The summer season is approaching!

Ahoy! I have had a busy week and have a nice restful day of bellringing on Guernsey to look forward to tomorrow so it’s time to relax and write an Alderney update.

So, what have I been up to in the last month?!

Pretty much everything really: exploring Alderney, butterfly and bumblebee surveying, reserves jobs including finishing off the new Longis Birdhide and maintaining footpaths, tractor cutting, a few bat and hedgehog walks, beach cleans, more ormer hunting, helping set up for puffin season and for the first time today, leading a cycle tour of the island.

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Sharing the white sands and azure seas of the Mediterranean Channel with visitors on a cycle tour this afternoon.

The weather for the last few weeks has been glorious. It’s been sunny almost every day although often the air and wind have been pretty cold. I’ve had my first sunburn of the year and have got out exploring and being shown new places with fellow AWT staff members 🙂 There are two new secret places which we visited in particular which I loved – The ruined Cachliere pier and Bluestone beach. Bluestone is the islands “nudist” beach as it is hidden from view and again hard to find unless you know how. The blue/grey pebbles get lovely and warm in the sun and there and huge wave smoothed boulders of sandy coloured stone to sunbathe on. It’s a lovely swimming beach and the beach drops off steeply so it gets very deep quickly. I had my first swim on 2017 here a couple of weeks ago – it was very cold! We warmed up in the sun afterwards with a hot cup of tea before heading off to lead a beach clean in the afternoon.

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The ruins of Cachliere pier viewed from the approach above
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It’s great to explore and hard to find unless you know the way down!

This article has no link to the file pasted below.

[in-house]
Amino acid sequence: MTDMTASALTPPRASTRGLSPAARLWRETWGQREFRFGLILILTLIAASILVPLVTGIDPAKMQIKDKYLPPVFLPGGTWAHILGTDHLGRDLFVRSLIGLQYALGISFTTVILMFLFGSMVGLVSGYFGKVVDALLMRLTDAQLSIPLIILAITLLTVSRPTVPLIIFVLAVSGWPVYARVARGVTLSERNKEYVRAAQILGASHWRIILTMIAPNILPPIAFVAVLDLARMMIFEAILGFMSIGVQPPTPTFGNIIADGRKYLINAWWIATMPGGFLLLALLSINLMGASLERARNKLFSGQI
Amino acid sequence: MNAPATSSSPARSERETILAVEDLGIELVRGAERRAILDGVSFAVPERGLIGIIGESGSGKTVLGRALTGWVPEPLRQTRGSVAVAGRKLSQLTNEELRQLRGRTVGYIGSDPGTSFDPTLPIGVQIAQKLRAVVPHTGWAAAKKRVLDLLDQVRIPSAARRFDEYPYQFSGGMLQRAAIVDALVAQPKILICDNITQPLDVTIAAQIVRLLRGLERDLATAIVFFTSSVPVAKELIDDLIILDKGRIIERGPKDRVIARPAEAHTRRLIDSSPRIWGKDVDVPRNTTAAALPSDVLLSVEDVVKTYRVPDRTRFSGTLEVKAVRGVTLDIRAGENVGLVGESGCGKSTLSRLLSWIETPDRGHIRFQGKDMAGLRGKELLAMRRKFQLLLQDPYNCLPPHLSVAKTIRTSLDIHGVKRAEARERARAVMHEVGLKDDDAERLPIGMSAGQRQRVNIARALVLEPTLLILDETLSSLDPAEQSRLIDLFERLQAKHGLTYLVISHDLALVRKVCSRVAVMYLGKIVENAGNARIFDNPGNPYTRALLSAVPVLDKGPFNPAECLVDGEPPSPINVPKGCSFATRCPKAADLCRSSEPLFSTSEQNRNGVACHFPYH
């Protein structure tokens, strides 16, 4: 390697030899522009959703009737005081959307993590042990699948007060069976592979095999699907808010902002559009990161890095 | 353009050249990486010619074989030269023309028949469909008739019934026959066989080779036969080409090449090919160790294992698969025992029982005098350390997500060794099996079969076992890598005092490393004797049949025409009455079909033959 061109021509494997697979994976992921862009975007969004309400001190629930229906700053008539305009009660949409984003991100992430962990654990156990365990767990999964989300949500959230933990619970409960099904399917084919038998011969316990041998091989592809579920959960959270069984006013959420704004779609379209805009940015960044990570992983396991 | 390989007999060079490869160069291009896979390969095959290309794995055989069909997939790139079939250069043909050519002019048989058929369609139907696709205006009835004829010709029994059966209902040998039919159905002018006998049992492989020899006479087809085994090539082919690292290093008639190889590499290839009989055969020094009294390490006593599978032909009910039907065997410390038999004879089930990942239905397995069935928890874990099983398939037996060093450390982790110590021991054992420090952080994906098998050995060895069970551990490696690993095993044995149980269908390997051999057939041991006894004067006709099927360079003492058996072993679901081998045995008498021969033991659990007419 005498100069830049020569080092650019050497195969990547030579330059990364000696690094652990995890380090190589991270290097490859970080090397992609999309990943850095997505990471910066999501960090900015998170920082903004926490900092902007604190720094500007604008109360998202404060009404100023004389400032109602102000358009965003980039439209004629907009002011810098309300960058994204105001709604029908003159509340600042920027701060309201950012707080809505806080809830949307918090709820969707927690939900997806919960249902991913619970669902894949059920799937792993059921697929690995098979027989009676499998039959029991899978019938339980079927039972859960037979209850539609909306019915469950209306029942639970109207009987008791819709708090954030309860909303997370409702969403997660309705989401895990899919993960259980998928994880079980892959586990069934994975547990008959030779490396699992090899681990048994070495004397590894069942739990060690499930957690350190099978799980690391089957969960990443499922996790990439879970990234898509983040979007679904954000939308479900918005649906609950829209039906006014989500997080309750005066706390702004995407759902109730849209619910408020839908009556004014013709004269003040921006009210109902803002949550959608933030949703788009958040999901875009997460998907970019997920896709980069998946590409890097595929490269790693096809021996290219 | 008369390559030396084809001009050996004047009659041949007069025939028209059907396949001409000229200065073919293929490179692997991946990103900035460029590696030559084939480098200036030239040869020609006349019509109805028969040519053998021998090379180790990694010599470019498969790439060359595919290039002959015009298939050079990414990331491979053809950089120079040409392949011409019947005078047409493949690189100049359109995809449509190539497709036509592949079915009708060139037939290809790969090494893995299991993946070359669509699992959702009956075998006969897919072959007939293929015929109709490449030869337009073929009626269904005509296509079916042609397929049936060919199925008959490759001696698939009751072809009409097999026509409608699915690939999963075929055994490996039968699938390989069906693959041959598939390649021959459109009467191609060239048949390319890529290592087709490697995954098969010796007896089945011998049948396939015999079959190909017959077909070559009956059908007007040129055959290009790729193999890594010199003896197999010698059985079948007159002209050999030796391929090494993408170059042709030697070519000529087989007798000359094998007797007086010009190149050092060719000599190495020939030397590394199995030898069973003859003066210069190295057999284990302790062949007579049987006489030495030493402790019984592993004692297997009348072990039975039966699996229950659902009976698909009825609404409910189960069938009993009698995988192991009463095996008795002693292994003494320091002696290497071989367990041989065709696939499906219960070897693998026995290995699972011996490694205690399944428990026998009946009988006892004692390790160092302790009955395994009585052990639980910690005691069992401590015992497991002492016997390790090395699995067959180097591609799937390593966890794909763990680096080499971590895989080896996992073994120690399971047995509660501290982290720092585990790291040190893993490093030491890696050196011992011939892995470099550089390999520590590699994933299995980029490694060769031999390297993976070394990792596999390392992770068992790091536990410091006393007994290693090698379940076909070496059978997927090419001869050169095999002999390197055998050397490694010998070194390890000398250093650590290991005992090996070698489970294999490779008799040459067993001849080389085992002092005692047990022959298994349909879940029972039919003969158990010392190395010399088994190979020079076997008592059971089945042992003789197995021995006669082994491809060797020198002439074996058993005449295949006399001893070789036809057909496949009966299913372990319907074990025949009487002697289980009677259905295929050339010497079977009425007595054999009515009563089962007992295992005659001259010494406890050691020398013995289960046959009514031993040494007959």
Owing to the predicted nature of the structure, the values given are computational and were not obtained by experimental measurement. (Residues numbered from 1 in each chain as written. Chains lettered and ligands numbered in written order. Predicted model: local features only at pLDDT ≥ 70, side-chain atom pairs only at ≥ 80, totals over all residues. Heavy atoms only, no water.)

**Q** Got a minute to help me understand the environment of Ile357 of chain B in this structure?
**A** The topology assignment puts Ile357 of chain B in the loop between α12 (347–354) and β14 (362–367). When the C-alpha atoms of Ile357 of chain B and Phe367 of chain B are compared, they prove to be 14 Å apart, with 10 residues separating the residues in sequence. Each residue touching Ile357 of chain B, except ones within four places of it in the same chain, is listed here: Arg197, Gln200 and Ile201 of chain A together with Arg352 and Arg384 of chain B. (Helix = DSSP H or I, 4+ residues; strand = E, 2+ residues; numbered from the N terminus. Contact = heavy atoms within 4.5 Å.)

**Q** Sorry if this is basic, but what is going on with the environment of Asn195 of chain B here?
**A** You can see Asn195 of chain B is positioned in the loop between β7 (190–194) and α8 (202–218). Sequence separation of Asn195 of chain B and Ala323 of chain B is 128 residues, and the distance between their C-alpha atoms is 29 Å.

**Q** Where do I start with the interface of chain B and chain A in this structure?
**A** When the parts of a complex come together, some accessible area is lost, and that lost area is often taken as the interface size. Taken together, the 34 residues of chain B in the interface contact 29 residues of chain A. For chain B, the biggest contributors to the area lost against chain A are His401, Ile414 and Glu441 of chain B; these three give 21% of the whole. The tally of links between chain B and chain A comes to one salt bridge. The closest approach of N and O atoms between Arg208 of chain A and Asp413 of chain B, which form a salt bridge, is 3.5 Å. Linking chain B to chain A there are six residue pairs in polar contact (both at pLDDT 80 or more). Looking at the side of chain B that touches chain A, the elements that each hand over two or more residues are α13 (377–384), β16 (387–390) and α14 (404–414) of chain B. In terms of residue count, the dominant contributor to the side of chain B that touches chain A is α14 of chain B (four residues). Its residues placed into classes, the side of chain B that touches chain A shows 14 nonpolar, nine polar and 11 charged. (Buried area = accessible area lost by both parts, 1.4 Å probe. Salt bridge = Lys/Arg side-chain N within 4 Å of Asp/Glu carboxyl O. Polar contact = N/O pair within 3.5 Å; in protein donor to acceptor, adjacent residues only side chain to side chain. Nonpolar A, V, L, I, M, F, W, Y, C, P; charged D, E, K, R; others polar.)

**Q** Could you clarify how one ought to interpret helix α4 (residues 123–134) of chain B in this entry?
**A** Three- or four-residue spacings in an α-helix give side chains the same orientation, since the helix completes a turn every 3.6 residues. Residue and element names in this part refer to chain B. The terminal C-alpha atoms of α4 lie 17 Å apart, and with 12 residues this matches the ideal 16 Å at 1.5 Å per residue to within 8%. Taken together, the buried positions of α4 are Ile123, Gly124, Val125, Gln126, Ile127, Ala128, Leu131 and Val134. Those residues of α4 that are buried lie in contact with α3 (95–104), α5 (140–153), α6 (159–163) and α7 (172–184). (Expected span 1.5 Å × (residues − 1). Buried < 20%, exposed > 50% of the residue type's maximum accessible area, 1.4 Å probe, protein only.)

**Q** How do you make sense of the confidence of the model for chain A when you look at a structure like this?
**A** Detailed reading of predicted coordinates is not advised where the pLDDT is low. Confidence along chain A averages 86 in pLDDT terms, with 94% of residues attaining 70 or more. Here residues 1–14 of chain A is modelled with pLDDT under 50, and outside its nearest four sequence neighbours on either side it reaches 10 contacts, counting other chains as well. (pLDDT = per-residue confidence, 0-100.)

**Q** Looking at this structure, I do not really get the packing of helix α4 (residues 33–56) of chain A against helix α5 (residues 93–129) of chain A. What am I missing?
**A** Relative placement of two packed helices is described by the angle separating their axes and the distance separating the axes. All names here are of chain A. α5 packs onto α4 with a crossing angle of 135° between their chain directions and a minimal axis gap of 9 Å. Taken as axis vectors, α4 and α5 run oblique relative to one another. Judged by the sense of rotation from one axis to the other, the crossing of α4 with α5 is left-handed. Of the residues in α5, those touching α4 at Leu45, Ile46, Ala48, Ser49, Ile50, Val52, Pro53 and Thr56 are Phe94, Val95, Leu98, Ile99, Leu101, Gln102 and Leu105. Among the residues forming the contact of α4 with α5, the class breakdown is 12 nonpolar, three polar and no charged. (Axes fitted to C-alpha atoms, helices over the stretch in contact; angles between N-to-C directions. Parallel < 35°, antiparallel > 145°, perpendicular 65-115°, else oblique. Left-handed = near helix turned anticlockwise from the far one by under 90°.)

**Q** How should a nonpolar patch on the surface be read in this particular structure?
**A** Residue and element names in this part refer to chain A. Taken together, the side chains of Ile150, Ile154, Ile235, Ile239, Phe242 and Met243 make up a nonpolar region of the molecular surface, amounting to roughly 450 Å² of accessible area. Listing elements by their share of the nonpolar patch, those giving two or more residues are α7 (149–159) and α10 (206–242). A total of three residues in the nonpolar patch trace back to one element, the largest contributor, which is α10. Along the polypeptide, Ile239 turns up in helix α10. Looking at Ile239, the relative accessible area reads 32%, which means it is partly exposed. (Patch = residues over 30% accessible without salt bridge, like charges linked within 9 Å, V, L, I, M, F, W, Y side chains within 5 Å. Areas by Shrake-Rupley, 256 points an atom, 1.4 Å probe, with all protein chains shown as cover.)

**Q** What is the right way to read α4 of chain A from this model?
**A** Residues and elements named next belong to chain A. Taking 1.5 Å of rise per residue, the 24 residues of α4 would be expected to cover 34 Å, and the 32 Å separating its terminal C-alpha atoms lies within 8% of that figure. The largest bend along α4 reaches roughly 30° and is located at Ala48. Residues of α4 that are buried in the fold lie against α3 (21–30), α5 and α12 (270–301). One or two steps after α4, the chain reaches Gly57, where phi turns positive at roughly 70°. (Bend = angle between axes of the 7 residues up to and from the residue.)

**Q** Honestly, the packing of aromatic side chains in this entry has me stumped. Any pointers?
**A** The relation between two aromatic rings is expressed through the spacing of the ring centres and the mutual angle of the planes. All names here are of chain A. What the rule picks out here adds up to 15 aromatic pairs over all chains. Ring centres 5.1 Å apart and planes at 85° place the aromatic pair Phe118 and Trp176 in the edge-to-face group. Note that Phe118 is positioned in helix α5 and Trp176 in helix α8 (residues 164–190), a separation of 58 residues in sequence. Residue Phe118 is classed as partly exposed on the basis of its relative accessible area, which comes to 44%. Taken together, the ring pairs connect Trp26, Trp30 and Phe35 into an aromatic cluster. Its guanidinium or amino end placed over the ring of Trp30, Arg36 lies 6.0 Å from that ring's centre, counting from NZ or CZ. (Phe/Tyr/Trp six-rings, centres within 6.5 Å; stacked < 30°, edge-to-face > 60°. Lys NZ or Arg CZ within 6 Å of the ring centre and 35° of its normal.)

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We enjoyed a classy glass of prosecco and enjoyed the warm evening and the different view
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The descent to Bluestone beach.

 

Survey season has well and truly begun, I have two weekly butterfly transects to walk and a monthly bumblebee transect. Ideally these should be done on warm, sunny and calm days, we’ve definitely had the sunny but not necessarily the warm and calm!

Here is one of my survey sites a couple of weeks ago – not may butterflies there!

I also see some other interesting things along my transects like this:

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Mucilago crustacea also charmingly known as Dog’s Vomit slime mould

I do love a slime mould! They are a bizarre single celled organism that most of the time live freely and independently. When conditions are right and they meet mating partners, they grow into a ‘plasmodium stage’ of a mobile slimy mass of interconnecting strands. This mass moves over the food source until it runs out which triggers spores to be produced. The plasmodium stage of many species can be very distinctive but is ephemeral and you will only usually see it for a day or so before if darkens, produces spores and the remains dry up.

I’ve encountered a fair number of different insect species in the last few weeks so I have a separate post coming on those – sorry, like the moths this will be more for my benefit than yours!

In the meantime have some photos of Alderney sunrises and sunsets:

 

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What’s the buzz?